Palmyra native Bobby Gruenloh played Jan. 20 in the National Football League Players Association Collegiate Bowl.
The Rose Bowl has hosted some of the greatest college football games of all time. Some of the greatest players to ever lace up the spikes have roamed the famed stadium.
Former Palmyra football standout Bobby Gruenloh can now say he too has played in the prestigious venue.
Gruenloh, a senior defensive end for Northwest Missouri State, was chosen to participate in the 2017-18 National Football League Players Association Collegiate Bowl.
Gruenloh had his Christmas vacation cut short, but he didn’t mind.
“The head guy in charge of the NFLPA Collegiate Bowl gave me a call directly since the coaching staff at NWSU were out of the office,” Gruenloh recalled. “I was pretty excited that out of all the great players they could have invited, I was one of them.
“I was home on Christmas break, and as soon as I got the call, I packed my things and headed back to Northwest to start training.”
Gruenloh appeared in nine games for the Bearcats this past season. He was named as a senior captain and recorded 25 tackles from his starting defensive end position. Gruenloh recorded 8 ½ tackles for a loss including 4 ½ sacks.
In the Collegiate Bowl, Gruenloh split reps with another defensive end. He ended up with a solo tackle for loss.
Gruenloh was on the National team, which won 23-0 over the American team.
“Our coach tried to make sure that we got the same amount of reps,” Gruenloh stated. “I got to play against some really talented people ... a tackle from TCU and one that played at Cincinnati, just to name a couple.”
With Gruenloh playing roughly 50 percent of the reps, the National team held the American team to 115 yards rushing on 39 attempts.
Gruenloh, who was on the field for the opening kickoff, admitted there were some big-time nerves with playing in the game.
“The first thing that went through my mind was, ‘Please don’t kick the ball to me,'” he said with a laugh. “But honestly when I first got there during the week for practice, I just thought how awesome it was to have this opportunity and how blessed I truly am.”
Former Super Bowl-winning coach Mike Martz was the head coach for the National team.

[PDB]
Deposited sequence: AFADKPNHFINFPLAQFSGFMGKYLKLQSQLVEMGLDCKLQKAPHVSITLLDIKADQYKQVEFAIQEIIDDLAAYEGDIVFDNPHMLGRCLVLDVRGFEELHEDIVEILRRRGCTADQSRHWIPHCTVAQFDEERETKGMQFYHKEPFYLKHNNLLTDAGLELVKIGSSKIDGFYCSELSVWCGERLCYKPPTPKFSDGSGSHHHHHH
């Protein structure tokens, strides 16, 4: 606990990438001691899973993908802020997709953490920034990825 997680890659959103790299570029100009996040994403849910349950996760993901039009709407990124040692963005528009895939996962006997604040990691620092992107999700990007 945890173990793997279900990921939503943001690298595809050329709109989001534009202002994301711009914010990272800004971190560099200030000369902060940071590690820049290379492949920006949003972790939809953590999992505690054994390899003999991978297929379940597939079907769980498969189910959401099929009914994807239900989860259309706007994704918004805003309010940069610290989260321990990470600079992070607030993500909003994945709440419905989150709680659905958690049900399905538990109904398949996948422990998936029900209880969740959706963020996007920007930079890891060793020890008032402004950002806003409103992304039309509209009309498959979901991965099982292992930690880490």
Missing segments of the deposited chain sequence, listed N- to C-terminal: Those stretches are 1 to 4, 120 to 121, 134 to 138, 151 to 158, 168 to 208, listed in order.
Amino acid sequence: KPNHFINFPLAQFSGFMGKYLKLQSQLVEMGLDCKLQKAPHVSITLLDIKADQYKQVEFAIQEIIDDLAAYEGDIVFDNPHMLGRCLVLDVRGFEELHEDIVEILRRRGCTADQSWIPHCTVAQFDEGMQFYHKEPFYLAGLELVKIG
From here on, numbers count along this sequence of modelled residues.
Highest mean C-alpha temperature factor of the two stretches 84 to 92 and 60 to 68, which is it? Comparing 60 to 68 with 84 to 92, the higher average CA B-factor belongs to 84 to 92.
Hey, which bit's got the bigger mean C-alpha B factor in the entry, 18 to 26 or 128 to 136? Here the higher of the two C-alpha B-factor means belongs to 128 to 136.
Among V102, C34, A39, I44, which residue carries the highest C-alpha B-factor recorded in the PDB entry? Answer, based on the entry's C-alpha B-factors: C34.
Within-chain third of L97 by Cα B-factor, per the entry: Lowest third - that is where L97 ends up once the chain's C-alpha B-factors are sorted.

Other coaches included Super Bowl champion players Torry Holt and Ray Lewis in addition to current Oakland Raider player Shilique Calhoun and eight-year NFL veteran Don Willis.
“It was just awesome being surrounded by guys that know what it takes to play in the NFL,” Gruenloh said. “And it was some great exposure to play against some really talented players.”
Northwest is one of the most successful programs in the country with 28 conference championships and six national titles on its resume. Gruenloh helped win two of the national championships in 2015 and ‘16. But being part of a Division II program, Gruenloh did not know how he would stack up against a lot of Division I talent.
“I was a little nervous,” he said. “I hadn’t played against really talented offensive linemen, so that first rep was a little nervous just to see the difference between them and your average D-2 lineman.”
After all the workouts and the game itself, Gruenloh received rave reviews of his performance.
“I had multiple coaches compliment my work ethic and attitude on the field,” the NFL hopeful said. “Both of my position coaches were beyond pleased with how hard I worked and how well I took their coaching.”
So what’s next for the former Palmyra great?
“After my last game (at Northwest), I didn’t know if I would get to play again or not,” Gruenloh admitted. “I was back and forth about taking my game to the next level or not. I never really thought about getting an invite to a bowl game.
“Now I am currently training with Colin Bevins, who has just signed with the Cleveland Browns a couple weeks ago. Then I plan on going to the Pro Day in St. Joseph in the next couple months. After that, time will tell.”
He admitted the last four years at Northwest are what put him in the position he is in today.
“It was a great fit for me,” the business major said. “I loved the small-town environment. It’s truly a great place to play with coaches who really do care about you.”